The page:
Mandatory Arbitration of Employment Disputes

JurisdictionKansas,United States
CitationVol. 67 No. 04 Pg. 18
Publication year1998
Kansas Bar Journals
Volume 67.


Journal of the Kansas Bar Association
April, 1998


The Whats, Whys and Hows

Boyd A. Byers [FNa1]

Copyright (c) 1998 by the Kansas Bar Association; Boyd A. Byers


AMS -- Arbitration/Mediation/Settlement/Other Forms of ADR

"No thoughtful person wants 'fighting each other in the courts' to be the chief business of society." [FN1] Court battles, however, have become a way of life in the American workplace. The number of employment discrimination claims increased by 2,200 percent in the 25 years from 1969 to 1994, [FN2] and employment law cases now account for 20 percent to 25 percent of the federal court docket. [FN3] Employment litigation continues to explode in the late 1990s, fueled by the passage of the Civil Rights Act of 1991, the Americans with Disabilities Act, the Family and Medical Leave Act and a heightened sensitivity to sexual harassment. What, in such an environment, is a "thoughtful person" to do?

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An increasing number of employers are turning to alternative dispute resolution (ADR), including use of mandatory arbitration agreements, as a solution to the problems of employment litigation. This phenomenon is possible because of the U.S. Supreme Court's 1991 decision in Gilmer v. Interstate/Johnson Lane Corp., [FN4] which held that an individual employee who had signed an arbitration agreement as part of his application for registration with the New York Stock Exchange was bound to arbitrate a statutory claim of age discrimination. [FN5] In the seven years since Gilmer, lower federal courts, including those in Kansas, have applied its reasoning to uphold agreements between employers and employees to arbitrate employment disputes of all types.

But are predispute mandatory arbitration agreements the elixir to cure all workplace ills? Five years ago this month, The Journal of the Kansas Bar Association featured an article on this subject, which concluded that "employers would do well to consider [mandatory] arbitration as an appropriate alternative [to litigation]." [FN6] Since that article was published, questions surrounding predispute agreements to arbitrate employment claims have been resolved by the courts in favor of enforcing arbitration. Nevertheless, as the courts say yes, employers in Kansas have remained reluctant to embrace mandatory arbitration.

This article attempts to answer some of the whats, whys and hows regarding mandatory arbitration of employment disputes. More specifically, it compares arbitration to civil litigation, [FN7] explores the advantages and disadvantages of mandatory arbitration, [FN8] discusses the enforceability of mandatory arbitration agreements [FN9] and provides guidance for drafting such agreements. [FN10]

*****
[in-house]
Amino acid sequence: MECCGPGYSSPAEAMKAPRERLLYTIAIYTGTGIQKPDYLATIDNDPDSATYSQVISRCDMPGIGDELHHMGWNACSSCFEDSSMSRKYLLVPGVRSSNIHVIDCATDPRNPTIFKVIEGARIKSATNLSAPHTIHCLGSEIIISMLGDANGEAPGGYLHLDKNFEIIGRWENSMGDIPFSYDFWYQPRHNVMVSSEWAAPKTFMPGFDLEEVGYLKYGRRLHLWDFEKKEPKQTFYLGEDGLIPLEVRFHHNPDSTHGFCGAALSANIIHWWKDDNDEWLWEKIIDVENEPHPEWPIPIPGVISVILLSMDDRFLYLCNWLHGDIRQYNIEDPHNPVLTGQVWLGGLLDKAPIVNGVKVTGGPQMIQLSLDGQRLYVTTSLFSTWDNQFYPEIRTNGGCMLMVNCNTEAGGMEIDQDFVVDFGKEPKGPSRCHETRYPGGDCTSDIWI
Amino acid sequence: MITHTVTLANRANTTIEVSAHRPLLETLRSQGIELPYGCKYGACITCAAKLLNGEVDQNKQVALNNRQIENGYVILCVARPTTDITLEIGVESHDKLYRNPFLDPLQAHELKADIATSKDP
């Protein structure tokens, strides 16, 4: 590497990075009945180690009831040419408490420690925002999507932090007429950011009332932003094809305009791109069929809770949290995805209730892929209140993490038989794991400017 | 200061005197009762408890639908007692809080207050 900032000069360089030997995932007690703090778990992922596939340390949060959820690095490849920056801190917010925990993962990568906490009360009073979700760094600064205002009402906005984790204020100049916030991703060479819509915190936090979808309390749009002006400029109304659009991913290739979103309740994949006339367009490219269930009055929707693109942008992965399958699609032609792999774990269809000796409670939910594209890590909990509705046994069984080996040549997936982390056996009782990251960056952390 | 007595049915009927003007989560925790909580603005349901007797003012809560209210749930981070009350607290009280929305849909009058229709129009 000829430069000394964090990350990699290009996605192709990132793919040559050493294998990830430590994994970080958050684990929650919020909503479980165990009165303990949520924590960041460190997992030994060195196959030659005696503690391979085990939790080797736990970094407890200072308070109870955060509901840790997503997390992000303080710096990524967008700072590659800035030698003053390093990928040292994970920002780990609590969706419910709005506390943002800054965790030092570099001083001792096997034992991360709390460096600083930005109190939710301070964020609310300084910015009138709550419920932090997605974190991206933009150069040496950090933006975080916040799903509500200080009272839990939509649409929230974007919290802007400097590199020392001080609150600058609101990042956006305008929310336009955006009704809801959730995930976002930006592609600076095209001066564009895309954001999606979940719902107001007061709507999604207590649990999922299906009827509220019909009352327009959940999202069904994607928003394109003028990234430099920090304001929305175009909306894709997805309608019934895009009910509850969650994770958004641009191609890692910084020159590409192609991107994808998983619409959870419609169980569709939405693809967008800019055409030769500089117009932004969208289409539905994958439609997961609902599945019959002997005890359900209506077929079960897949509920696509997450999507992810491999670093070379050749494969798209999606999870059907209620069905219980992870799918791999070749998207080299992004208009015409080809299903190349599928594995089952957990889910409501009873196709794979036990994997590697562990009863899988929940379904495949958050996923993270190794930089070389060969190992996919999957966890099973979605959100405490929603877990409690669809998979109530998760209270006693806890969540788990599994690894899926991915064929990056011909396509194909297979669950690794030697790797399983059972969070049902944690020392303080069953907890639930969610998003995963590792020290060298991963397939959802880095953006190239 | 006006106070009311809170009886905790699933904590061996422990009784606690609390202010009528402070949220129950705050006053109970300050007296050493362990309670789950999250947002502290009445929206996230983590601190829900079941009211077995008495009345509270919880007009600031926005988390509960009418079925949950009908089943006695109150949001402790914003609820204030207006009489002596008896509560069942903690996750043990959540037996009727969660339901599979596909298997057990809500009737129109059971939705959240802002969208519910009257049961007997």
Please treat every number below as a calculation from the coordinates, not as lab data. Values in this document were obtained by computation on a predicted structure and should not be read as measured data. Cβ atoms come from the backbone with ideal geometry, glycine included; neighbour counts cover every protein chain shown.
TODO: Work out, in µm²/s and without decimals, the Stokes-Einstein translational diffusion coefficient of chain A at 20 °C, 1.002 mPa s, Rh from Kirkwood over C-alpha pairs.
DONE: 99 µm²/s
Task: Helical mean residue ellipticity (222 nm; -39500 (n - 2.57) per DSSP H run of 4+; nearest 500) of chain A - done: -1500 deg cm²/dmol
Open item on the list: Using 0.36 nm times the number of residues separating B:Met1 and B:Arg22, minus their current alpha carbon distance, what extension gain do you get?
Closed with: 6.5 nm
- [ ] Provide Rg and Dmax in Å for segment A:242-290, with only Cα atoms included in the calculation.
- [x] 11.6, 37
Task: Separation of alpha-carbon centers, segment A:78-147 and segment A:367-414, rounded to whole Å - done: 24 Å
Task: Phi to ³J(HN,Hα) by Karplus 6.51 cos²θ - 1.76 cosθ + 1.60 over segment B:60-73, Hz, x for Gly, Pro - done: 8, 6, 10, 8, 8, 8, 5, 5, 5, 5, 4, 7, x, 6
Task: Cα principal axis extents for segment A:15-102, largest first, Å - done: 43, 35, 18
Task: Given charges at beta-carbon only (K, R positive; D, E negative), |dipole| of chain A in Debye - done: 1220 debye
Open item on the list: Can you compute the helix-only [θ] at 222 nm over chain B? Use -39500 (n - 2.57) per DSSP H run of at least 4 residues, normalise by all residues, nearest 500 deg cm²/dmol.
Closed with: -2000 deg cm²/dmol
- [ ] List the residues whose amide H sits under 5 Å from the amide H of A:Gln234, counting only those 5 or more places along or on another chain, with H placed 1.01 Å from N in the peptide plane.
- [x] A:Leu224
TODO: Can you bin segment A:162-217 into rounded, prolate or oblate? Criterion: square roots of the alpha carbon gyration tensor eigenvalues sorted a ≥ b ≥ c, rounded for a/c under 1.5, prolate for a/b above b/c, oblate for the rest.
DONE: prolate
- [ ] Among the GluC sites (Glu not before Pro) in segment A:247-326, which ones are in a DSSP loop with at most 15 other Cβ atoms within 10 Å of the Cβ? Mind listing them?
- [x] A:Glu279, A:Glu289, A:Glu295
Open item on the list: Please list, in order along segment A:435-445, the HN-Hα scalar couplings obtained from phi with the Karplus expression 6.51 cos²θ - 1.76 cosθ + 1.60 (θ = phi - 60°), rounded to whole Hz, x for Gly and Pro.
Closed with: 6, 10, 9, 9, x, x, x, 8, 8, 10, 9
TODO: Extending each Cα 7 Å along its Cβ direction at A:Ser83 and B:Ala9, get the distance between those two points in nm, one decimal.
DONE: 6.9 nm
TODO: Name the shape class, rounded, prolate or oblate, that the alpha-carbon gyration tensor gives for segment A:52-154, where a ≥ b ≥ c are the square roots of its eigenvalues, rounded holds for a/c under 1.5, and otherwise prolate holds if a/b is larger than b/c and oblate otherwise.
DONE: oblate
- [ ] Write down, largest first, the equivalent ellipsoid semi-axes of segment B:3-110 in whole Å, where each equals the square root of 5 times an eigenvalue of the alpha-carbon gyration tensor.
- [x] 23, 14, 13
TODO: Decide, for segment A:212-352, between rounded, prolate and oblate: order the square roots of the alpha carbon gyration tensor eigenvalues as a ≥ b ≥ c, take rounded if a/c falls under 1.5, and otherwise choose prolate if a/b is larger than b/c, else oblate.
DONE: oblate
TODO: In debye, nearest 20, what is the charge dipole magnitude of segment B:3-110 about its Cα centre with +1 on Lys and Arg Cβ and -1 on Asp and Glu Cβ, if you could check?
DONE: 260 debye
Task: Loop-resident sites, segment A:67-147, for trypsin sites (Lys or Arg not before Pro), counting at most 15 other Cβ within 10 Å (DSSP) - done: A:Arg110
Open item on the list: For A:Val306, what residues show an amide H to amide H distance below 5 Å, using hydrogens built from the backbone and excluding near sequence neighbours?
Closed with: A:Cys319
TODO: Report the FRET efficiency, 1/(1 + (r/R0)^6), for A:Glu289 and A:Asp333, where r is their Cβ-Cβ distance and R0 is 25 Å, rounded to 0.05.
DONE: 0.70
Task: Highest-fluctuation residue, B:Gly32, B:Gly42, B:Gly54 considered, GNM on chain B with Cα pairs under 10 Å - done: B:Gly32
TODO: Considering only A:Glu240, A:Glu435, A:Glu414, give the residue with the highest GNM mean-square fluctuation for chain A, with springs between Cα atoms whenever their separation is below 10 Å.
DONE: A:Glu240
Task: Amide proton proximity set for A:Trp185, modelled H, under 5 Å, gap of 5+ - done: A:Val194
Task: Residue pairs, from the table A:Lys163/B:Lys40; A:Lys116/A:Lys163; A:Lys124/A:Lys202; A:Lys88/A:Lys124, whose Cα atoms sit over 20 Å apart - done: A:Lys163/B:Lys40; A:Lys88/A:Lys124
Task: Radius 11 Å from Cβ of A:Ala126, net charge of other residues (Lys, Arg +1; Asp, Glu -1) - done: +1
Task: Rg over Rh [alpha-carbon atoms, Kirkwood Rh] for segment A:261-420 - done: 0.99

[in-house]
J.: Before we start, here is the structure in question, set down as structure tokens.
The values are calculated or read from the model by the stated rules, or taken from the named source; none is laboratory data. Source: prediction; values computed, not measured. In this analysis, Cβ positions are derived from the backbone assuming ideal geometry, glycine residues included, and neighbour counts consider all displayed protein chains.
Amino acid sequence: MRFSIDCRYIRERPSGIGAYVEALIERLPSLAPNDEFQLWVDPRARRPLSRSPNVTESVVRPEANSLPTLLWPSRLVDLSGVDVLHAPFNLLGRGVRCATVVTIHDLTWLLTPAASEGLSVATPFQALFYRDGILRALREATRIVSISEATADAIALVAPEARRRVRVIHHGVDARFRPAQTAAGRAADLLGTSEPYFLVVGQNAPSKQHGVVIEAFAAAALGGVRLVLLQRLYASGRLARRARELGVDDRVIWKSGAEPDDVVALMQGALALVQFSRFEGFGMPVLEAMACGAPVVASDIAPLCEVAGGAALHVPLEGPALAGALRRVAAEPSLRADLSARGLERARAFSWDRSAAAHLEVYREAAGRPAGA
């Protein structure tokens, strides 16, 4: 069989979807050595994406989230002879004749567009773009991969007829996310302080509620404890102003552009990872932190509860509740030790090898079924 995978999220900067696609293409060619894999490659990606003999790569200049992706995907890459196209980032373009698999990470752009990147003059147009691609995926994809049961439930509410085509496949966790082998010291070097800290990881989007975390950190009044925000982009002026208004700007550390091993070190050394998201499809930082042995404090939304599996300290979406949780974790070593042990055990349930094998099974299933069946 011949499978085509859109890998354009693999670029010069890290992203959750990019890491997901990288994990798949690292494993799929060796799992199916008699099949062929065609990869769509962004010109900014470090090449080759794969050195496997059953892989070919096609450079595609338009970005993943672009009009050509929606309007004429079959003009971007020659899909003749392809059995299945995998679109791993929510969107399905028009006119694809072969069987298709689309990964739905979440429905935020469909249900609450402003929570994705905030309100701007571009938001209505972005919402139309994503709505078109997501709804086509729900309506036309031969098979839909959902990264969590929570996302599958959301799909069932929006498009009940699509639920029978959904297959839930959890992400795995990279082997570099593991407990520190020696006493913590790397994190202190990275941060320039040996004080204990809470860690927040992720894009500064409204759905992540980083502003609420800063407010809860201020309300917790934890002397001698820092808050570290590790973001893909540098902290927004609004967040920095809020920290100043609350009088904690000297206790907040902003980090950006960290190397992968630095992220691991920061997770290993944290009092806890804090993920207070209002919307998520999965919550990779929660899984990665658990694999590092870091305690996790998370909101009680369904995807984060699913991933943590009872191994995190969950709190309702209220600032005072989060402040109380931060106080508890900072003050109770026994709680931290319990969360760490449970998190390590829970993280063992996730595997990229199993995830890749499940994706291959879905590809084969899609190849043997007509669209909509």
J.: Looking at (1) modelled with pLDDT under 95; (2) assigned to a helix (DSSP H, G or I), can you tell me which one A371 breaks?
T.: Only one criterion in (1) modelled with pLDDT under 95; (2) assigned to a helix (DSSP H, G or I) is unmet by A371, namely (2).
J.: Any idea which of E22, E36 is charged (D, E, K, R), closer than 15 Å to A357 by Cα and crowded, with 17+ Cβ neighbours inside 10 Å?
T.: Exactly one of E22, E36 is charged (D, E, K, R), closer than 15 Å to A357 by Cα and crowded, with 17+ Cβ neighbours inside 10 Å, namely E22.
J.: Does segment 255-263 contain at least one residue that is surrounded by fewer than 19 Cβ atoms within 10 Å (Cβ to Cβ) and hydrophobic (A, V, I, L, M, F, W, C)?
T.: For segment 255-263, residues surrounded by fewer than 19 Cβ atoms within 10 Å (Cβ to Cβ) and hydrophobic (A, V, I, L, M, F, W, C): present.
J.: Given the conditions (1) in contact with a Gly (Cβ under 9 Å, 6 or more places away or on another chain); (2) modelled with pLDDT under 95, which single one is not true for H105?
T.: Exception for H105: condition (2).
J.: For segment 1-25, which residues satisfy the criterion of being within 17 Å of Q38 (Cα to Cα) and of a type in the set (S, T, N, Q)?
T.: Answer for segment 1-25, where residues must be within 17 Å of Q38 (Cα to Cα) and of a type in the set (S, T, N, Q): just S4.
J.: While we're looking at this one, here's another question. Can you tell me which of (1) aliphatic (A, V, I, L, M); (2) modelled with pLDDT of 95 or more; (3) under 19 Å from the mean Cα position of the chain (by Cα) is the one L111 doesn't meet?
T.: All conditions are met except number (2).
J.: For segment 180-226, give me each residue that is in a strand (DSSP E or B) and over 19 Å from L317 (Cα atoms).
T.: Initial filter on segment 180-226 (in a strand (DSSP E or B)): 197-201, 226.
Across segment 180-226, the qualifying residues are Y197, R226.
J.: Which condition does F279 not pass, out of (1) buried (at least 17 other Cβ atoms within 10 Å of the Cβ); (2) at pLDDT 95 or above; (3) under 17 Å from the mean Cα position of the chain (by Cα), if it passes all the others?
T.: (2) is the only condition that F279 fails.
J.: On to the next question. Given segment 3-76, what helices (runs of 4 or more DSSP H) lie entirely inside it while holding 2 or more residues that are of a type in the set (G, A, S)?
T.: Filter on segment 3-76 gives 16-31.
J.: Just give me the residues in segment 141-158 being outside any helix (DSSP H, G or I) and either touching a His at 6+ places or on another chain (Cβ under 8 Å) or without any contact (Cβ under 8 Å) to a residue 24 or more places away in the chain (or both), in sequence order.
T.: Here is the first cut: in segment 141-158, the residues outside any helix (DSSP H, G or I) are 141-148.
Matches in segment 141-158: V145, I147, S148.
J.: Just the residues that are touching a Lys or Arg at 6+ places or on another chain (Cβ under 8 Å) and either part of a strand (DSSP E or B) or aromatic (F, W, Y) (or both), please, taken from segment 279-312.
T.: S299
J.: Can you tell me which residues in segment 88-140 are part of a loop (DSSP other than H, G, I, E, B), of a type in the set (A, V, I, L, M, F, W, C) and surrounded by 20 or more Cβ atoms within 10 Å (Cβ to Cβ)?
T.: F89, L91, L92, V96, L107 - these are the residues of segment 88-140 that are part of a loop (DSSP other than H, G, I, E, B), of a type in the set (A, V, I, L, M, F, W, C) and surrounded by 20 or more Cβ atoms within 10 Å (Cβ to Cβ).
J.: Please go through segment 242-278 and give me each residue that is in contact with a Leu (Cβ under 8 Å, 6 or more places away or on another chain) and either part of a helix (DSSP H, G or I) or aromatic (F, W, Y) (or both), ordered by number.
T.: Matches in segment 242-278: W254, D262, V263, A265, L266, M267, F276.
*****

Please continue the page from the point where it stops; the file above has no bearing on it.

I. What is arbitration? Arbitration vs. litigation in resolving employment disputes

Arbitration is a system of dispute resolution under which the parties agree to submit a controversy to a neutral third party for a binding decision. While arbitration commonly is associated with grievance procedures under collective bargaining agreements, an employer and employee can agree to arbitrate any employment dispute, either in connection with or apart from a collective bargaining agreement.

Arbitration is a matter of contract. The parties may agree before any dispute that disputes which may arise in the future will be resolved by binding arbitration ("predispute" or "mandatory" arbitration agreement), or they may reach such an agreement when a dispute actually arises ("postdispute" agreement). Postdispute arbitration agreements, for the most part, are not controversial. This article addresses the burgeoning, and sometimes controversial, use of individual predispute agreements to arbitrate statutory employment claims.

Arbitration is similar to civil litigation in many respects. The arbitrator, who presides over the arbitration, decides both issues of fact and issues of law, much like a judge in a non-jury trial. The parties, commonly called "claimant" and "respondent," usually are represented by legal counsel. As in civil litigation, the parties initially present their positions through pleadings. The claimant submits a "demand" or "statement of claim." The respondent then files a "response" or "answer." The parties may engage in limited discovery, including depositions, interrogatories, and document requests, subject to the underlying arbitration agreement.

The parties present their case and offer evidence at an arbitration "hearing," which is similar to a civil trial but less formal. The arbitrator hears arguments, both orally and in writing, which may cite applicable law. The hearing is typically recorded, either electronically or stenographically. Following the hearing and any posthearing briefing, the arbitrator issues an "award." The arbitrator may provide a written opinion explaining the reasons for the decision, but is not always required to do so. Arbitration costs, which consist primarily of the arbitrator's fee, usually are shared by the parties in some fashion in accordance with the arbitration agreement. In arbitration of individual employment disputes the employer may be required to pay all costs.